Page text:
Here's how to quench your thirst in an environmentally responsible way.
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Life-cycle assessments of food packaging often omit the impact and possible toxicity of plastics leaking into the environment. Excluding these factors gives plastics an unjustified advantage.
This is up to 35 times more than the estimated weight of plastic pollution on the ocean’s surface.
Volunteers load plastic bags for a weekly food pantry service in Everett, Mass., May 10, 2020. Everett has some of the highest COVID-19 infections rates in the state.
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Pandemic precautions have given new life to disposable plastic products, which the industry claims are more 'hygienic' than reusables. But critics say there's no scientific evidence this is so.
Recently washed cups could be safer than single-use containers that could have been sitting around for ages.
Just because we’re in a period of change, doesn’t mean we have to lose momentum.
A media study of public criticism of plastic reveals that stigmatisation may result in limited bans, it leaves the vast majority of plastic production and pollution unexplored.
Plastics straws are now hard to find. Are plastic bags next?
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Governments need better information on which types of plastic generate the most pollution — citizens can help.
Plastics at a recycling depot in North Vancouver, B.C. in June 2019.
THE CANADIAN PRESS/Jonathan Hayward
The global focus on plastic pollution isn't a distraction from other planetary issues.
Plastics pile up at Thilafushi, an artificial island created as a landfill, in the Maldives.
Without action, the amount of plastic waste produced globally could reach as much as 265 million tonnes per year by 2060.
The one-person household is one of the fastest growing demographics in our country.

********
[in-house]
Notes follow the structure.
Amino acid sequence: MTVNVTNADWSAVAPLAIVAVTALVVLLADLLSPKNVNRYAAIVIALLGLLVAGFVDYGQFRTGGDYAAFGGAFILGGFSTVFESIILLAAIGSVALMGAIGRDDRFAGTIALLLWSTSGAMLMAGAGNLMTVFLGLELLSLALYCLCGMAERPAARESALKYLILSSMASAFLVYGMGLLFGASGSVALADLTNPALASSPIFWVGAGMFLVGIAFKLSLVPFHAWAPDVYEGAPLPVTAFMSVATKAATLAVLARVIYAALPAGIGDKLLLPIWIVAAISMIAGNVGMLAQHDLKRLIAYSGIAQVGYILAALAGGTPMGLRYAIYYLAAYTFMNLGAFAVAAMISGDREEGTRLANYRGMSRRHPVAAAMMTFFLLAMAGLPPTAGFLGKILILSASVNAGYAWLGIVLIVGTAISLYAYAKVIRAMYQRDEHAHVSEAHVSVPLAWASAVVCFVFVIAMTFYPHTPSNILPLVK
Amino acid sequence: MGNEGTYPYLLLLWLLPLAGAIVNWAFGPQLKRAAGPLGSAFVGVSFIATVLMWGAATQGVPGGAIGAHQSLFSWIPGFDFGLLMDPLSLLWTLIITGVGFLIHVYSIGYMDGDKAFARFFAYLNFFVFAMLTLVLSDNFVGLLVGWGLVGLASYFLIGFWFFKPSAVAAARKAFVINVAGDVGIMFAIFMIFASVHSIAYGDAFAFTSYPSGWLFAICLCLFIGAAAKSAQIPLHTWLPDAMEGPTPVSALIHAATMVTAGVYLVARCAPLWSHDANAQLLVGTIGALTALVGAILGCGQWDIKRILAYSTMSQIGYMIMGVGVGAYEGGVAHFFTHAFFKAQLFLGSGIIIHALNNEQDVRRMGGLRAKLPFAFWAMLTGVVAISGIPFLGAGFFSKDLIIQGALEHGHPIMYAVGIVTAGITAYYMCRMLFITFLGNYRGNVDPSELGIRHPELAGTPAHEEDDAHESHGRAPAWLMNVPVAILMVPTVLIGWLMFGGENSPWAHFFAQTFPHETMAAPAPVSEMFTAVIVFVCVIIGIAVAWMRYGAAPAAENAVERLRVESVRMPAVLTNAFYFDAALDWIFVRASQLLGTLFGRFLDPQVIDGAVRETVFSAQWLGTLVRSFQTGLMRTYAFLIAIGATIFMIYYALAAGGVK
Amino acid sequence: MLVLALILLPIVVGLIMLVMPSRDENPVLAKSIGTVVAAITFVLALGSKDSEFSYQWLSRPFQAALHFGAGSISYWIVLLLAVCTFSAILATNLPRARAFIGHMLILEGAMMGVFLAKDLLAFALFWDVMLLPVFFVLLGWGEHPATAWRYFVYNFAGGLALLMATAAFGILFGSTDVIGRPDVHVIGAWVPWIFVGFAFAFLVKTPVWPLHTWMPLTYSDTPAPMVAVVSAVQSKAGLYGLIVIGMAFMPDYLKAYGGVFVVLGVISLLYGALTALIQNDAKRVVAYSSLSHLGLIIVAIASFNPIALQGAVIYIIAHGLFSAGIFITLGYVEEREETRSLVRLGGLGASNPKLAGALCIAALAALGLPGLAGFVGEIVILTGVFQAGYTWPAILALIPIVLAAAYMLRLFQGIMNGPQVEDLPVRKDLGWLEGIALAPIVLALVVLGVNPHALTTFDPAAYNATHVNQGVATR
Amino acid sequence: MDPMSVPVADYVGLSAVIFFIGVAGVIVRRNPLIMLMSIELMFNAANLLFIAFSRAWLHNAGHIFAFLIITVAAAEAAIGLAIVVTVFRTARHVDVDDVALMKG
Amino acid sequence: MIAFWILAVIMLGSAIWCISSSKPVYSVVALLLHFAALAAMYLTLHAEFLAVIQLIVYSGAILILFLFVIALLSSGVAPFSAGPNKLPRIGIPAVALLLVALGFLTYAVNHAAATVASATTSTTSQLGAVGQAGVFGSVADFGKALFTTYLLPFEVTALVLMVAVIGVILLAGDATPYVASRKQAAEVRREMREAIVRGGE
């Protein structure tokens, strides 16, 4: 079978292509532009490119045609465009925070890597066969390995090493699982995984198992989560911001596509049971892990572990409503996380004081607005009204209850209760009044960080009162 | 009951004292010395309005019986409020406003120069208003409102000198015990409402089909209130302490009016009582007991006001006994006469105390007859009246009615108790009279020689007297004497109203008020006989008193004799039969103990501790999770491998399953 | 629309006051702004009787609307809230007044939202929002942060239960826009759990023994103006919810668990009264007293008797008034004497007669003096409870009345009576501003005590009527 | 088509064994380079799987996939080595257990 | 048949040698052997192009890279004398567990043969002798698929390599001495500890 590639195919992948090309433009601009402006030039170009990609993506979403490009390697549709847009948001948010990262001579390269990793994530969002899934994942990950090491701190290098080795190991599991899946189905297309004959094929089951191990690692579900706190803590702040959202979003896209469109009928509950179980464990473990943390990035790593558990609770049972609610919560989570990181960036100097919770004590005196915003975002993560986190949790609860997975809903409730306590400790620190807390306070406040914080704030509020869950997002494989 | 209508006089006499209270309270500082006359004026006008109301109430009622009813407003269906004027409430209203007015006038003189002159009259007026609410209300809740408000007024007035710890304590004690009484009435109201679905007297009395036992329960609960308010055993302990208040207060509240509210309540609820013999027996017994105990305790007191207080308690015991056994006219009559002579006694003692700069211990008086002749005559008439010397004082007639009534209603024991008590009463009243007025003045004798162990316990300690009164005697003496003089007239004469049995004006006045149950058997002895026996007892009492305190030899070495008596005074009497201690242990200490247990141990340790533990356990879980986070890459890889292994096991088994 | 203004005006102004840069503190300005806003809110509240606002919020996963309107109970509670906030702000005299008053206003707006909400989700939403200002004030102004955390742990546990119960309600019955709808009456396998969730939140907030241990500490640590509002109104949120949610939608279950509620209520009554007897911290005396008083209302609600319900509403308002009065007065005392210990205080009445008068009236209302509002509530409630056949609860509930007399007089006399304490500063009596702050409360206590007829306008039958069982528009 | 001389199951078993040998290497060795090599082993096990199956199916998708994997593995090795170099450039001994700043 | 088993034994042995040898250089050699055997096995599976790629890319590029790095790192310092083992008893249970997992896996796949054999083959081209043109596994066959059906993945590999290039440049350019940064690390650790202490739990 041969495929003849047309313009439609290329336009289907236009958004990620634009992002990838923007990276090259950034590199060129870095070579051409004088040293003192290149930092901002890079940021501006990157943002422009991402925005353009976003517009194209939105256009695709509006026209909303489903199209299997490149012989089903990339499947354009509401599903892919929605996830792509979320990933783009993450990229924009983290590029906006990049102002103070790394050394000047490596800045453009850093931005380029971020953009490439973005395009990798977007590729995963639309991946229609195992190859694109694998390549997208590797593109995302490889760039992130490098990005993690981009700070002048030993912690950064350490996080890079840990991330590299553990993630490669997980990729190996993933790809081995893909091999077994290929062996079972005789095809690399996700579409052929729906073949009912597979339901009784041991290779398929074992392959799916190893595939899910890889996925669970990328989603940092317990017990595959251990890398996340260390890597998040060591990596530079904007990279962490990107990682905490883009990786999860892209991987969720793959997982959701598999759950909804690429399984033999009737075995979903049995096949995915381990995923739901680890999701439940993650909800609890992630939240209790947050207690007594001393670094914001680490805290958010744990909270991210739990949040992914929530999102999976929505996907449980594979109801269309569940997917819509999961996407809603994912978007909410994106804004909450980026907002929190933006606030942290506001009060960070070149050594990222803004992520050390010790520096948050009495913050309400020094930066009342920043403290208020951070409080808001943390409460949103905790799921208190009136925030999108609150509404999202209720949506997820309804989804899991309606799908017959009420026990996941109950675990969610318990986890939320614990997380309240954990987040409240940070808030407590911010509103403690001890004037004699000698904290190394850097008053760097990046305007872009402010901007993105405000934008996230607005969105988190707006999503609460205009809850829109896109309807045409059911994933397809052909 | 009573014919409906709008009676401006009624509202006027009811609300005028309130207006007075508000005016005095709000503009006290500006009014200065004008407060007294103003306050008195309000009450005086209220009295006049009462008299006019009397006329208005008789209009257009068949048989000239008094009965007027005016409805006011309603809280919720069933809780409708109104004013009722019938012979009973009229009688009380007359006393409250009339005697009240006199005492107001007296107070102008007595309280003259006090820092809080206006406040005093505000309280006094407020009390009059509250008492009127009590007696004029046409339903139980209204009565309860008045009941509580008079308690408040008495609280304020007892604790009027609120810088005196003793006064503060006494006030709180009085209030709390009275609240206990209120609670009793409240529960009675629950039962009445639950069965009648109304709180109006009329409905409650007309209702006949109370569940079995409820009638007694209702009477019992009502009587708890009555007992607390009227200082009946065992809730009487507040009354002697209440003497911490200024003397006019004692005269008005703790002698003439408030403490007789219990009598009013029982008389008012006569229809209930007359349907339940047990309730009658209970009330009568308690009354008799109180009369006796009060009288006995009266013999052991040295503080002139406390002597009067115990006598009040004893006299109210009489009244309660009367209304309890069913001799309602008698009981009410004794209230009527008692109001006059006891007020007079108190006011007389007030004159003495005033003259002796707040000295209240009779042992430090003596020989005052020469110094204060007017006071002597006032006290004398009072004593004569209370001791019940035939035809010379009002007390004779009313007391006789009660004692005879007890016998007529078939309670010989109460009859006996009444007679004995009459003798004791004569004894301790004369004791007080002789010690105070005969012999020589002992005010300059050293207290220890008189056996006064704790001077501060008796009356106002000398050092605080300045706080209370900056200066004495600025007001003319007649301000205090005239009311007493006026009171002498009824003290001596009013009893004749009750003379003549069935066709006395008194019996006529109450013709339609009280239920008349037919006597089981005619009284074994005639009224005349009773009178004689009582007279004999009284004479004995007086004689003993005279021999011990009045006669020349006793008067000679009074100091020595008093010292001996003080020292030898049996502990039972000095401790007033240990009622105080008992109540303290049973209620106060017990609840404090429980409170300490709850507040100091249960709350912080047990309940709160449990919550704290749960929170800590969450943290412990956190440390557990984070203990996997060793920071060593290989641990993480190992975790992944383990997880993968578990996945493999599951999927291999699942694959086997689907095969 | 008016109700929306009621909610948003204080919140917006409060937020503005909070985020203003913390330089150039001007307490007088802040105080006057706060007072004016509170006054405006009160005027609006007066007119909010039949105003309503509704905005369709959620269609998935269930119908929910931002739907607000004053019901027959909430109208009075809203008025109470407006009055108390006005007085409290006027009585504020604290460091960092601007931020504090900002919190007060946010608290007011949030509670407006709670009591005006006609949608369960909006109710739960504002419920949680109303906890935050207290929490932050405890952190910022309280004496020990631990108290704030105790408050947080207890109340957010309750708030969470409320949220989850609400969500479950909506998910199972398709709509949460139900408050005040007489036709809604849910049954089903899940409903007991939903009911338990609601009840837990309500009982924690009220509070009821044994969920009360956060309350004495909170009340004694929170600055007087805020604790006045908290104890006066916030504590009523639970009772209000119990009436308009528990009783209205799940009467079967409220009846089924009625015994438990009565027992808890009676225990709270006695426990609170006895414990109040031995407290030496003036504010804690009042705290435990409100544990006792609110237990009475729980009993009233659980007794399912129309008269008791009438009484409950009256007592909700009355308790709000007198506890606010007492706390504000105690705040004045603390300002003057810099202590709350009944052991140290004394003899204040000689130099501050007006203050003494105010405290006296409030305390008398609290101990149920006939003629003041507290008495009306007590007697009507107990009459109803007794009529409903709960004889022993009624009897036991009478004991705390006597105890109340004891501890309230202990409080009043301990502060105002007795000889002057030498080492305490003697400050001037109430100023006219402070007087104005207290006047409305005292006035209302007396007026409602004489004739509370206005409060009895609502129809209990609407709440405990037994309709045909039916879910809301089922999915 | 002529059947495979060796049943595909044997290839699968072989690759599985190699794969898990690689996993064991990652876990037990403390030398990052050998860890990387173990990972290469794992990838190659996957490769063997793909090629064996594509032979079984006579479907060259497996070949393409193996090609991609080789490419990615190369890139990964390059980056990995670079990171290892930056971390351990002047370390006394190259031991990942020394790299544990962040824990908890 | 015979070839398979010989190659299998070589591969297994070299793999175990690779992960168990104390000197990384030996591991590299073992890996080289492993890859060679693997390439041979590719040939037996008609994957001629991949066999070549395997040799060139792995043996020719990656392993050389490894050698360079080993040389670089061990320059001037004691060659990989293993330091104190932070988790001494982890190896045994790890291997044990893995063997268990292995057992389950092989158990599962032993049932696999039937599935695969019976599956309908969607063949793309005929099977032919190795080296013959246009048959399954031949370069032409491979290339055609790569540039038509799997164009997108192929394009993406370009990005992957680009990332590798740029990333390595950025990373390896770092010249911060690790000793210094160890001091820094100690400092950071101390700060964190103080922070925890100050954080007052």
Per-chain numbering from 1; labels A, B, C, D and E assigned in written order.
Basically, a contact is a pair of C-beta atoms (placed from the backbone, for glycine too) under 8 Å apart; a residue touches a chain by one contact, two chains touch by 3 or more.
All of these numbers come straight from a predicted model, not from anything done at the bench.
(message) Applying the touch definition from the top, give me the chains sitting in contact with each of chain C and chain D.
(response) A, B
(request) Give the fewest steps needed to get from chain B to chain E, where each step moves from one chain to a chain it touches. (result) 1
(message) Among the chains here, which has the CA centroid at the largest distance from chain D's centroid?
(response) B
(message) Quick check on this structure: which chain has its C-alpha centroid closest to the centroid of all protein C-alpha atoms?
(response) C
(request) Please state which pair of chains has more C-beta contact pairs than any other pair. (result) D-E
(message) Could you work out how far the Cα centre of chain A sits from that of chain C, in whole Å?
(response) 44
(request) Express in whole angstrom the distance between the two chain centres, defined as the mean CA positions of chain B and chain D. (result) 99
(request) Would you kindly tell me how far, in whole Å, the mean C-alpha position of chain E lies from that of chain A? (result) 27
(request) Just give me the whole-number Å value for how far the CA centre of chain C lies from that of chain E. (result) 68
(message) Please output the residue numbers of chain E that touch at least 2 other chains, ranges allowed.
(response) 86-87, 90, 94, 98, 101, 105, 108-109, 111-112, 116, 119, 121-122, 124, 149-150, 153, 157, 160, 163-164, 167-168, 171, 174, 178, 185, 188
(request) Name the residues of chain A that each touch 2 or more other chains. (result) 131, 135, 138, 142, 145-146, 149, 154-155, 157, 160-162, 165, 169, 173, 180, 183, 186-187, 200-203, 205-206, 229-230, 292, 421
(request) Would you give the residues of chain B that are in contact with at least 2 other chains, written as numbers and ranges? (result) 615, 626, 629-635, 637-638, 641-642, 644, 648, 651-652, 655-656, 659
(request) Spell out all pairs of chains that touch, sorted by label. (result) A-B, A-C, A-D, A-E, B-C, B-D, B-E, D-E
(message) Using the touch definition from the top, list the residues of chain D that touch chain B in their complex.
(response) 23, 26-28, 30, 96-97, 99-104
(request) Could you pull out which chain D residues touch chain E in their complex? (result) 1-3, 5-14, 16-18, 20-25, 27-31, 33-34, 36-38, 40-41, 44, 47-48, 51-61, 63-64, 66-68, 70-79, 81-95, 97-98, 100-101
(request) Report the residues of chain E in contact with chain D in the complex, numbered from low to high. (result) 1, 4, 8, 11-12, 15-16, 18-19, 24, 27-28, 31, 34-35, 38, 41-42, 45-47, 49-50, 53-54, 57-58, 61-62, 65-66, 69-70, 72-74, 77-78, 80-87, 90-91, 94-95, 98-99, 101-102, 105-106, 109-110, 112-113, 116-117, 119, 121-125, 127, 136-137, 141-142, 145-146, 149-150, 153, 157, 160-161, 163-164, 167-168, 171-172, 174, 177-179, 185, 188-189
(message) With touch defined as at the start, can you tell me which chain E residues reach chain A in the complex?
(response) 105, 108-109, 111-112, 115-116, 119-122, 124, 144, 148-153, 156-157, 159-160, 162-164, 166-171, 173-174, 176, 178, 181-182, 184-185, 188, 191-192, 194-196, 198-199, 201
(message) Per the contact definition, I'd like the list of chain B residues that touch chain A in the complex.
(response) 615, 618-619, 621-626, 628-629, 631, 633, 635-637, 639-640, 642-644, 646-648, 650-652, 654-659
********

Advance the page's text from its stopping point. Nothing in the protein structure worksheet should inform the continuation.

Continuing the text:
By 2025, Canada’s population could include five million people who live alone. Those who live alone tend to cook less, but the food industry has plans for them.
Plastic pollution on a beach on Bali, Indonesia.
Asian countries have become a dumping ground for the plastic waste from wealthy countries.
Every day we throw away plastic and every day we're reminded of its environmental impact. Why can't something be done about it?
A Eurasian Coot sits on a nest built from human litter, including plastic straws, inside a half-sunk boat in an Amsterdam canal.
Fast-food restaurants and coffee shops are banishing the straw. While it may seem like a small measure, your pessimism isn't justified.
Is forgetting your bags really such an inconvenience?
AAP Image/Peter Rae
Meet the 'Yeah-buts' - those who know plastic is bad for the environment, but can't get behind the bag ban because it affects their own convenience. This mindset can stall the best-laid green plans.
Plastic debris strewn across a beach.
We're drowning in plastics. With governments setting un-ambitious targets, corporations are now listening to consumers who are demanding less plastic packaging and food containers.
Sure, ditch the coffee cups. But don’t say goodbye to these too soon.
We can safely say goodbye to most single-use plastics. But they do have essential uses in some areas, such as for medical or scientific samples, or storing food for humanitarian aid.
Positive messaging wins the day.
AAP Image/Dallas Kilponen
Plastic bags will soon be gone from major supermarkets and many other shops too. Campaigns to reduce plastic even more should focus on positive advice, rather than shaming shoppers for their plastic use.
Undoing shoppers’ engrained behaviours is a tricky job.
AAP Image/Julian Smith
The success of the plastic bag ban announced by Australia's big two supermarkets will hinge on whether they can persuade customers to change an engrained behaviour - without annoying them.